# Is there any way to avoid mistakes when dealing with array index ?

• The problem is simple but easy to make mistake. It took me three submissions to pass and some time working on the bugs which mainly come from the incorrect index counting. I wonder if there is any efficient way to avoid these mistakes in coding rather than testing. Thanks !

• For me, it has been improved just by working on more and more problems. For each problem, I run a few corner cases either in my head or using paper & pen.

• compare every element with the last two element of new Array(only be stored in the origin array)

``````int removeDuplicates(int A[], int n) {

if(n<=2)
return n;
int cnt=1;
for(int i=2;i<n;i++){
if(A[i]==A[cnt]&&A[i]==A[cnt-1])
;
else
A[++cnt]=A[i];
}
return cnt+1;
}``````

• The idea is similar to the partition function of qsort, use index l to track the last index of new array(the length of new array is definitely shorter than or equal to the old array). when new element comes, just compare it to the last second element in new array to make sure no three duplicate elements in new array.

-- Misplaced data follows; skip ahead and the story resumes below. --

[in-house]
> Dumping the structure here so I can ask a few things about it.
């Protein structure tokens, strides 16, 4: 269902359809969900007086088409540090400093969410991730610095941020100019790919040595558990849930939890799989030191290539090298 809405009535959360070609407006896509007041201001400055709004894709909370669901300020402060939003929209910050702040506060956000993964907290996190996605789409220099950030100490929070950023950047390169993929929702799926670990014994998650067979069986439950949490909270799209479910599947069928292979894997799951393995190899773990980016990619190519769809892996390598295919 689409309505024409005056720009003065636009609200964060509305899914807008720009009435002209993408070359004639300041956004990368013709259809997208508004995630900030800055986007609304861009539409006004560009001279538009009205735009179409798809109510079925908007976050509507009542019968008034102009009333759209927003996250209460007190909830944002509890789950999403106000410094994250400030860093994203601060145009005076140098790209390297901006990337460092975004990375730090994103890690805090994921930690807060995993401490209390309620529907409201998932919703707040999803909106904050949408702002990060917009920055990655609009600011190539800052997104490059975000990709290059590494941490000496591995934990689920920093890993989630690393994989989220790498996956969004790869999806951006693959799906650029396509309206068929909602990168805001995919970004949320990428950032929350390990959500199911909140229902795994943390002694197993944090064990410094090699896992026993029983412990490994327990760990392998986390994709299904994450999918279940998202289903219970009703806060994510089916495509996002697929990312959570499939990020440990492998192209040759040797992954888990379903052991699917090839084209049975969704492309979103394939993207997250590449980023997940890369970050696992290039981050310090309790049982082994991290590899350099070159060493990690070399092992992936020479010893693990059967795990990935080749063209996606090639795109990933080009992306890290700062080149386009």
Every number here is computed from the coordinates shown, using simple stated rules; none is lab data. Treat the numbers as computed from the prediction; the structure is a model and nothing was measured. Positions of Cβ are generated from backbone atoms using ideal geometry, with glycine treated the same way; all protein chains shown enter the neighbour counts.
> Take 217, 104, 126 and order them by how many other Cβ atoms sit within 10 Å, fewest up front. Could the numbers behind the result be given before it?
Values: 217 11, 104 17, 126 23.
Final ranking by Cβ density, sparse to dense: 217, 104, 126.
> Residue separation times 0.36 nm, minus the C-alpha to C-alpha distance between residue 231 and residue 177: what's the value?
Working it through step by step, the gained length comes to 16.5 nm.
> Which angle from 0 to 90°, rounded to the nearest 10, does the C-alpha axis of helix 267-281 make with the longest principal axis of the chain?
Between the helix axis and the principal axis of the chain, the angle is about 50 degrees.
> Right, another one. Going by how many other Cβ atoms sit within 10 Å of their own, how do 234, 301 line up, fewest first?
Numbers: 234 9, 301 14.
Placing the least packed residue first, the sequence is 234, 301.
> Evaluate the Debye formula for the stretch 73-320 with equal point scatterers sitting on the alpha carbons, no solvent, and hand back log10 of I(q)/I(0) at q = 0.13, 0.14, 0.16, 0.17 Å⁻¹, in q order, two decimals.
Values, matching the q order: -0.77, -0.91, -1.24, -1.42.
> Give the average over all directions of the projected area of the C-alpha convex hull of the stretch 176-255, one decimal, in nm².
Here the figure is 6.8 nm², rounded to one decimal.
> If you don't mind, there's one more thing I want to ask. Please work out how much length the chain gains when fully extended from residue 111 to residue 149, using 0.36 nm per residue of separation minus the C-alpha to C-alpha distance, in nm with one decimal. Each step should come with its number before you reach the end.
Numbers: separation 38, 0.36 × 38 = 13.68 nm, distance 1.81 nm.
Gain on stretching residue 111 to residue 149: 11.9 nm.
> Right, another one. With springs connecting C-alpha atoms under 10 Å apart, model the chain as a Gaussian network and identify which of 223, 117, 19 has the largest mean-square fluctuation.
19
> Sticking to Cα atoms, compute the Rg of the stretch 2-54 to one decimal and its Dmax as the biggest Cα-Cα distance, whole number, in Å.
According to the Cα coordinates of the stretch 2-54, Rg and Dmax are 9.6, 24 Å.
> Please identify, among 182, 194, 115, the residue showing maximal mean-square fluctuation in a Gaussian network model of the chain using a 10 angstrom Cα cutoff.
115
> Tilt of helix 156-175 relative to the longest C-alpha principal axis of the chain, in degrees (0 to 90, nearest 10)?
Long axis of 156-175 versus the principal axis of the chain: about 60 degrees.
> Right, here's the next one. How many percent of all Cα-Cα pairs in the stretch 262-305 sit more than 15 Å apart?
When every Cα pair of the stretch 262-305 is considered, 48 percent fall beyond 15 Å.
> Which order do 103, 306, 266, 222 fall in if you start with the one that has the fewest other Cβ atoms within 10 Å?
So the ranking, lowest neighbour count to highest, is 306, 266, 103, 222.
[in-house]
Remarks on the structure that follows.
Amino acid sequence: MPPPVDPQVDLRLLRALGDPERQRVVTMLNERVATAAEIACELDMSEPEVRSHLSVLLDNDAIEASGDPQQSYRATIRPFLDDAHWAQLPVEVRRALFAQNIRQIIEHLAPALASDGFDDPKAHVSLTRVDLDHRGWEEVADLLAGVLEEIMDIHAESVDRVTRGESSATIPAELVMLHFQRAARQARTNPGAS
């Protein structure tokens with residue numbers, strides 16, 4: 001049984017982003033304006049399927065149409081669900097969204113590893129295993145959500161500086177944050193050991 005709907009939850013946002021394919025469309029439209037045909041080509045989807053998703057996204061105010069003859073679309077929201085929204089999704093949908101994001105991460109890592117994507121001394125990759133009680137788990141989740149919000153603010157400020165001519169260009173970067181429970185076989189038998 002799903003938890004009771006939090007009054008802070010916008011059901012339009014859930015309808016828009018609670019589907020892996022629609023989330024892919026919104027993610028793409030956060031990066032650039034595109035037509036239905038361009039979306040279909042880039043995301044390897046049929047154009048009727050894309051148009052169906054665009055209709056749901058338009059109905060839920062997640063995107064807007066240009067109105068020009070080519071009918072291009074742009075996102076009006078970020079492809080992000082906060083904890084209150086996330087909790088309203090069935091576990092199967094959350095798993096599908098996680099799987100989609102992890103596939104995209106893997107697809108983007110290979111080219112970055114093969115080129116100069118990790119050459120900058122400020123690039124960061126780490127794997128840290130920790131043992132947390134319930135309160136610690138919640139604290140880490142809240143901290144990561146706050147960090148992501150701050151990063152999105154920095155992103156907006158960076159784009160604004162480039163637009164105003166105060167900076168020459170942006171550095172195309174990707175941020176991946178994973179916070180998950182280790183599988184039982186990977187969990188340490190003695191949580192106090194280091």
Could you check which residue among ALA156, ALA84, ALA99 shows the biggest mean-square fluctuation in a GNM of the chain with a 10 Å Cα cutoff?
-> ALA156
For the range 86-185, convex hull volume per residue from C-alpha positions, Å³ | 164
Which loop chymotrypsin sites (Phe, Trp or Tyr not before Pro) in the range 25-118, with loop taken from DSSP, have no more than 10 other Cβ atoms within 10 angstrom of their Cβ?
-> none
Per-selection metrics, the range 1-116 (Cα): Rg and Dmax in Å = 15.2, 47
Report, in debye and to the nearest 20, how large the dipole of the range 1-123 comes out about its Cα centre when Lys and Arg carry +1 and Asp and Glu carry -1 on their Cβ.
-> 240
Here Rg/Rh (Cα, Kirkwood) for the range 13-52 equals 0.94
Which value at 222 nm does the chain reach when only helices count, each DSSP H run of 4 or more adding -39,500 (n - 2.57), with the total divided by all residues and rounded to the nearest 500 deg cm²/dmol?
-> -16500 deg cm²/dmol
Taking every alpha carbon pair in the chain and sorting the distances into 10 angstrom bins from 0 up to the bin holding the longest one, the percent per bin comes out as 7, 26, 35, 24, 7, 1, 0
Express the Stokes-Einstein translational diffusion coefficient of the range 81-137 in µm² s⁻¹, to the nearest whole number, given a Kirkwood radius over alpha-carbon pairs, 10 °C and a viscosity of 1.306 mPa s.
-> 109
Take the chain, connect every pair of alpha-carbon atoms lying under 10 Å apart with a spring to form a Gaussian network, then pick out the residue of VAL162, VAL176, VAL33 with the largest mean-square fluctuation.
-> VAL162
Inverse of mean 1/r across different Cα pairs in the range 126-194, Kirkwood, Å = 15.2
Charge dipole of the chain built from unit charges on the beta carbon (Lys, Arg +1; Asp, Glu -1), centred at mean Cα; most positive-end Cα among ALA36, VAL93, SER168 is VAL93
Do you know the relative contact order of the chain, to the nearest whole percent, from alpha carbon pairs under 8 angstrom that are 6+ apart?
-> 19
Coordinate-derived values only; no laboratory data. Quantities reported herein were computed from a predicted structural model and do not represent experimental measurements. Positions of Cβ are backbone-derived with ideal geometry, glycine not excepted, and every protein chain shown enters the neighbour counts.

``````class Solution {
public:
int removeDuplicates(int A[], int n) {

int l = -1;
for(int i = 0; i < n; i++)
{
if(l-1 < 0 || A[l-1] != A[i])
{
l++;
A[l] = A[i];
}
}
return l+1;
}
};``````

• ``````class Solution {
public:
int removeDuplicates(int A[], int n) {
int N = 1;
int count = 1;
for(int i = 1; i < n; ++i) {
if(A[i] != A[i-1]) {
A[N++] = A[i];
count = 1;
}
else if(A[i] == A[i-1]) {
if(count == 1) {
count++;
A[N++] = A[i];
}
}
}
return n == 0 ? 0 : N;
}
};``````

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